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WND EXCLUSIVE

Race and violence in the 'Welfare Magnet'

2/3 of young men in one Zip Code have been or are incarcerated

Want to guess that the real estate agents stay away from these facts: Half of the housing loans are for investors, 60 subprime lenders are in operation, 90 percent of family income-tax filers are single parents, and 90 percent of the jobs are held by non-residents.

That’s all from Milwaukee’s Zip Code 53206, a key component of what’s been described as Wisconsin’s welfare magnet.

The details from this neighborhood, and its city, aren’t what you’d find on a chamber of commerce brochure either.

An official report from the Milwaukee police department reveals more: In the city, the homicide rate for black residents is 27.9 per 100,000 compared to 9.7 for Latinos and 1.7 per 100,000 white residents.

Of known 2011 homicide suspects in Milwaukee, 93 percent are black, while 4 percent are white and Latino. The city itself is 40 percent black, 17 percent Latino, and 37 percent white, according to Census figures.

University of Wisconsin Milwaukee sociology professor Aki Roberts shared his view of these troubling patterns with WND.

“Milwaukee’s discrepancy does appear to be larger than the national average. Part of the reason may be that Milwaukee is one of most racially segregated cities in the United States,” he says.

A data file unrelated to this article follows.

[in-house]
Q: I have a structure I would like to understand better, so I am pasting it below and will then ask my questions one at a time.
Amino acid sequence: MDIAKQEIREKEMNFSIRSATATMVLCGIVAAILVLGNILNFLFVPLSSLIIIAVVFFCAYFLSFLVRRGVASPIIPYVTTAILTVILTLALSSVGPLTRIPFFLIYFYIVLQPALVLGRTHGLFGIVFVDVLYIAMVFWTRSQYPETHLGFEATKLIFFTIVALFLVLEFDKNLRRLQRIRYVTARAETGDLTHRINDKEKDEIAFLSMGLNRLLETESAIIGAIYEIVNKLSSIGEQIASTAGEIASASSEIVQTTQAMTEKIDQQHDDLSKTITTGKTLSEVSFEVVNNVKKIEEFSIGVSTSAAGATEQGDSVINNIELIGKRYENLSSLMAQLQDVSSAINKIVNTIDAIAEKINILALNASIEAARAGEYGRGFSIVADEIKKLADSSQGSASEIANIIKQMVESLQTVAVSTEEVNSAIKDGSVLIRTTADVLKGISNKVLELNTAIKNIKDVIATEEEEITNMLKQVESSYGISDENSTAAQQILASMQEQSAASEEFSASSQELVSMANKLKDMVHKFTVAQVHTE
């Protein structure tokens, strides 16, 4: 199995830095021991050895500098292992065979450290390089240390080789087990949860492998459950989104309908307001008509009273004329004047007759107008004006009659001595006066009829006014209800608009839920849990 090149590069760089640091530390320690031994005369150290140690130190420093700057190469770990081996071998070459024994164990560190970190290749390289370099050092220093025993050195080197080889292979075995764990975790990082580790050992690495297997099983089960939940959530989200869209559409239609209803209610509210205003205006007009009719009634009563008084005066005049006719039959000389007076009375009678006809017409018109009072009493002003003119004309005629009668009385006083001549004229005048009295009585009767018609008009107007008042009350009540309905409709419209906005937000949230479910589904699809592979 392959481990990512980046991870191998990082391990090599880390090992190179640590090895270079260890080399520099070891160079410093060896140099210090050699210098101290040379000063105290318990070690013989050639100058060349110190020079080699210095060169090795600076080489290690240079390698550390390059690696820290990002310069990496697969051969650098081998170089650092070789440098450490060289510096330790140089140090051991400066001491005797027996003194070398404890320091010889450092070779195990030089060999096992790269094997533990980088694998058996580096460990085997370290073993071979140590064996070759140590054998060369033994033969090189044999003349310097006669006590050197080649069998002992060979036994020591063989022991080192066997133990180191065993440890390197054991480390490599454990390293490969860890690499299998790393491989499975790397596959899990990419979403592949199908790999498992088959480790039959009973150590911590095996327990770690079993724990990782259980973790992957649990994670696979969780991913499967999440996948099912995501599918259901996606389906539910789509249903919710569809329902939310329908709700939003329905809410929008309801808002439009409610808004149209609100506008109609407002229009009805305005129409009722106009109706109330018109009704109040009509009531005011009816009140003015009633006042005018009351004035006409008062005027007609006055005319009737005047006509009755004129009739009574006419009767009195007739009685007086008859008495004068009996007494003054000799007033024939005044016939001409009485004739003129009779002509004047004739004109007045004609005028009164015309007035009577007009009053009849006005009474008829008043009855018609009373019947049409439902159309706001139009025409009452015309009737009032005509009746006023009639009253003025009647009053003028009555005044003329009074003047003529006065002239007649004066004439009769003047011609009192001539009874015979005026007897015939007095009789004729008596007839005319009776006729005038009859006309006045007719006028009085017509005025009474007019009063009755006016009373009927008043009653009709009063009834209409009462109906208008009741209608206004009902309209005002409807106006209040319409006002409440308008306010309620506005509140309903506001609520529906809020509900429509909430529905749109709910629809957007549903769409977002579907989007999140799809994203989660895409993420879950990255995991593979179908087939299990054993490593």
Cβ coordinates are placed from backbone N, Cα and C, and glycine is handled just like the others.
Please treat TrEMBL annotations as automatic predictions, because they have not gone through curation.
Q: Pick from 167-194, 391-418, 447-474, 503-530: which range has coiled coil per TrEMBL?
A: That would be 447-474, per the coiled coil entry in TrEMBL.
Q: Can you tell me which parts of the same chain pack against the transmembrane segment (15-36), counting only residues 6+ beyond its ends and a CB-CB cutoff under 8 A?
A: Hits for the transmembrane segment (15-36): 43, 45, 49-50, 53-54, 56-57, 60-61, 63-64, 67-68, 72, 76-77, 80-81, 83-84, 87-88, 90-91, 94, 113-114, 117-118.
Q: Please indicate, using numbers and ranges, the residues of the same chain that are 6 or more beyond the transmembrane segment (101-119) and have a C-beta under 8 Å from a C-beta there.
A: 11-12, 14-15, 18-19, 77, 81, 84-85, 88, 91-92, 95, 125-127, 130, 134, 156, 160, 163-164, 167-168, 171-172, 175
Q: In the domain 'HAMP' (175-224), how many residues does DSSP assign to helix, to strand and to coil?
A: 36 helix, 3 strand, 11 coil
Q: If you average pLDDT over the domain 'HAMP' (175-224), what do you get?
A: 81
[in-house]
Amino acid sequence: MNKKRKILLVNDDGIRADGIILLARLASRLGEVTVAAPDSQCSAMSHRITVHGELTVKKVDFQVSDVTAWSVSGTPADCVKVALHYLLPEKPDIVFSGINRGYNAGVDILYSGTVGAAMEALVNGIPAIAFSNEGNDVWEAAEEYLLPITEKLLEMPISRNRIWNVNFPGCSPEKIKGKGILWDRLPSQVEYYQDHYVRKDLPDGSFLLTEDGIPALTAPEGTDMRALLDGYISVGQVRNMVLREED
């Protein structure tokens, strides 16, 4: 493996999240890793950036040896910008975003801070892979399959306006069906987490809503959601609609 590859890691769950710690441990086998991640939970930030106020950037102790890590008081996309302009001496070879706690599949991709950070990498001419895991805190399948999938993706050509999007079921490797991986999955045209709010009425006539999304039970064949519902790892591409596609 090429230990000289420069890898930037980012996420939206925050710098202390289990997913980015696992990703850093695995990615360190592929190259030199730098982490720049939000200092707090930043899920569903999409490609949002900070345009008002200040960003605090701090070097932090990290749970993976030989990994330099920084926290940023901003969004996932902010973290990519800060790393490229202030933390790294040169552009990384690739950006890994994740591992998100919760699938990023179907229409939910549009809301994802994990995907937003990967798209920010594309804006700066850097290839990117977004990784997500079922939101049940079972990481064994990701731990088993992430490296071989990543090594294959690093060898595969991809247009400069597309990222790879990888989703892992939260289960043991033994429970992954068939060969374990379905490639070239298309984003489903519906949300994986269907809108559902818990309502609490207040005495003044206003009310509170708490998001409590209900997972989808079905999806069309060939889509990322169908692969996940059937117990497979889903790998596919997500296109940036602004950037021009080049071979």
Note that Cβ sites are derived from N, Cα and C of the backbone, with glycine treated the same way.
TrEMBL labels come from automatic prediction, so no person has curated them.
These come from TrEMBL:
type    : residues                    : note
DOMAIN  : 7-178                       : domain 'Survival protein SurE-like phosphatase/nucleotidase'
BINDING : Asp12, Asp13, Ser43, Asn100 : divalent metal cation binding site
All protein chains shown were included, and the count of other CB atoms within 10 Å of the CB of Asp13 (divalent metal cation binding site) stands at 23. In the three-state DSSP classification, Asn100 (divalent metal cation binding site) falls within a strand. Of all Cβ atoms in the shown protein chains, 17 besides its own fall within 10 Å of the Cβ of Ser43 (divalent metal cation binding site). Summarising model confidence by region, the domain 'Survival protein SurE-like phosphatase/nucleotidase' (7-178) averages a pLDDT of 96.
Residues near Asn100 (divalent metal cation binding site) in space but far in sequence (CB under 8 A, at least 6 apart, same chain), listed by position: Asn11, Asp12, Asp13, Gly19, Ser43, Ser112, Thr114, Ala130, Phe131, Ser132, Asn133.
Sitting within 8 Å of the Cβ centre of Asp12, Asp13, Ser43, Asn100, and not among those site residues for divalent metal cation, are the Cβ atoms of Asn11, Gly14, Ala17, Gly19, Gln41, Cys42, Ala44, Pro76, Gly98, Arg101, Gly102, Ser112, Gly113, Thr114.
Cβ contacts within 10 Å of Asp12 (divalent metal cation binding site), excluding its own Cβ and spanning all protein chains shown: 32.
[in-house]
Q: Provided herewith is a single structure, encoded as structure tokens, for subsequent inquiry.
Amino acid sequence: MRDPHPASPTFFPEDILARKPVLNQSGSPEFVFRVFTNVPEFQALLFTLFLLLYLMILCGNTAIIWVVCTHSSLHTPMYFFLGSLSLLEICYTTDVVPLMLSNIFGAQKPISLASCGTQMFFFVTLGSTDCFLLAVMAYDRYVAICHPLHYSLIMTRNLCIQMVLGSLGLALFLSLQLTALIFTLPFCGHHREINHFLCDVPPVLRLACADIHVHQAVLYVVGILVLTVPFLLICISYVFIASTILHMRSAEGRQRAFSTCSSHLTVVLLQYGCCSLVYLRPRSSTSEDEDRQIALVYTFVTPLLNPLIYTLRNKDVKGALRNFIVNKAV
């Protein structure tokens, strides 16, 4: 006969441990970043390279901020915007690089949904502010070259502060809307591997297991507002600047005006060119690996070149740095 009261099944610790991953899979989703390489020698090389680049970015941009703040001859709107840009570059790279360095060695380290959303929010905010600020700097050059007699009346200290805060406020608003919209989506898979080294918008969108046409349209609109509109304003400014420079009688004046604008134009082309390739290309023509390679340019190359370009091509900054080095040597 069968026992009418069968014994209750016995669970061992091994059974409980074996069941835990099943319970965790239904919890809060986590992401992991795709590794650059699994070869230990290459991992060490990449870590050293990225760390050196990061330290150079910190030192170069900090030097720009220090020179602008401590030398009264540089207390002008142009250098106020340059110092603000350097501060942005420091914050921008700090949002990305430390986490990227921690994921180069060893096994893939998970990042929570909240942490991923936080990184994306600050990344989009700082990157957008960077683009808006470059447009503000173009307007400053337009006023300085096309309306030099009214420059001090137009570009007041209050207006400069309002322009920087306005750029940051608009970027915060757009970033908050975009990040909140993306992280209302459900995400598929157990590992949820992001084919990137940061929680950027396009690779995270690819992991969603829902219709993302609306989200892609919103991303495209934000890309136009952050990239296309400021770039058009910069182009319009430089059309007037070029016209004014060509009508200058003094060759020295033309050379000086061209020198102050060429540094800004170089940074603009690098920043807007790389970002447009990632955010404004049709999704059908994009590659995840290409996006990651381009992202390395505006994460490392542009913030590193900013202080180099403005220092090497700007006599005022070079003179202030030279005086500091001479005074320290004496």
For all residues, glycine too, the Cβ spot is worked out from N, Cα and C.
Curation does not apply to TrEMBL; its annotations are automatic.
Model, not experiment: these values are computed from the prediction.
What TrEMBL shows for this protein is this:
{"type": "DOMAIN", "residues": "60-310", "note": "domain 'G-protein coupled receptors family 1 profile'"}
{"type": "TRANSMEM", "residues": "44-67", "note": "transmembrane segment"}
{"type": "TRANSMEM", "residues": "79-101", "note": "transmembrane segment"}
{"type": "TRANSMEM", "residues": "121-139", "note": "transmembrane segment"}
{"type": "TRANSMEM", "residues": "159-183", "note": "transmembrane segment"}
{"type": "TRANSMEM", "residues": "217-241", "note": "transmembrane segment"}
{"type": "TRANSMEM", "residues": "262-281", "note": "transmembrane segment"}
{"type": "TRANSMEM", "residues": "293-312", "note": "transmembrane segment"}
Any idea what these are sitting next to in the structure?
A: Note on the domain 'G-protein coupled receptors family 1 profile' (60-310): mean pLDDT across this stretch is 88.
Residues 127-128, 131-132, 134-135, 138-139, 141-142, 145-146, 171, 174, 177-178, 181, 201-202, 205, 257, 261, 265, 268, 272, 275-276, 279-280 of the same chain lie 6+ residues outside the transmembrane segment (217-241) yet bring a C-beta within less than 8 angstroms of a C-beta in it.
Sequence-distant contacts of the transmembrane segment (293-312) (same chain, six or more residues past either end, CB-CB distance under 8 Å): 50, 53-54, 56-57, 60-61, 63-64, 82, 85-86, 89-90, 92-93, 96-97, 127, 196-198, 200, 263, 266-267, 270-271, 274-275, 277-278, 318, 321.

Roberts added, “In 2011, the black unemployment rate in Milwaukee was 22.4 percent compared to 9.6 percent for whites and 16.7 percent for Hispanics,” which “parallels the racial disparity in homicide rates in Milwaukee.”

However, as the homicide report shows, the black murder rate is 14 times the white murder rate, while the black unemployment rate is double the white unemployment rate. From a different angle, Hispanics and blacks have a similar unemployment rate, yet the Hispanic murder rate is one third of the black rate.

The relationship between unemployment and crime is murky at best. Harvard sociologist Christopher Winship tells WND, “Research on the relationship between unemployment and crime, although considerable in quantity, has produced ambiguous results, with some work showing a positive relationship and other work a negative relationship.”

There have been times when severe unemployment has occurred while crime rates drop. “Most surprising, crime rates went down during the Great Depression. In the current recession they have been at 40-year lows,” Winship points out.

Milwaukee is among the 20 most violent cities in the country. By far, the largest number of homicides in Milwaukee occurred in one much-discussed Zip Code, 53206.

A University of Wisconsin-Milwaukee project says, “The 53206 Zip Code neighborhood serves as a bellwether for poverty changes in Milwaukee and nationally.”

The report also notes, “In the 1990s prior to welfare reform in Wisconsin it had the largest number of families receiving AFDC.”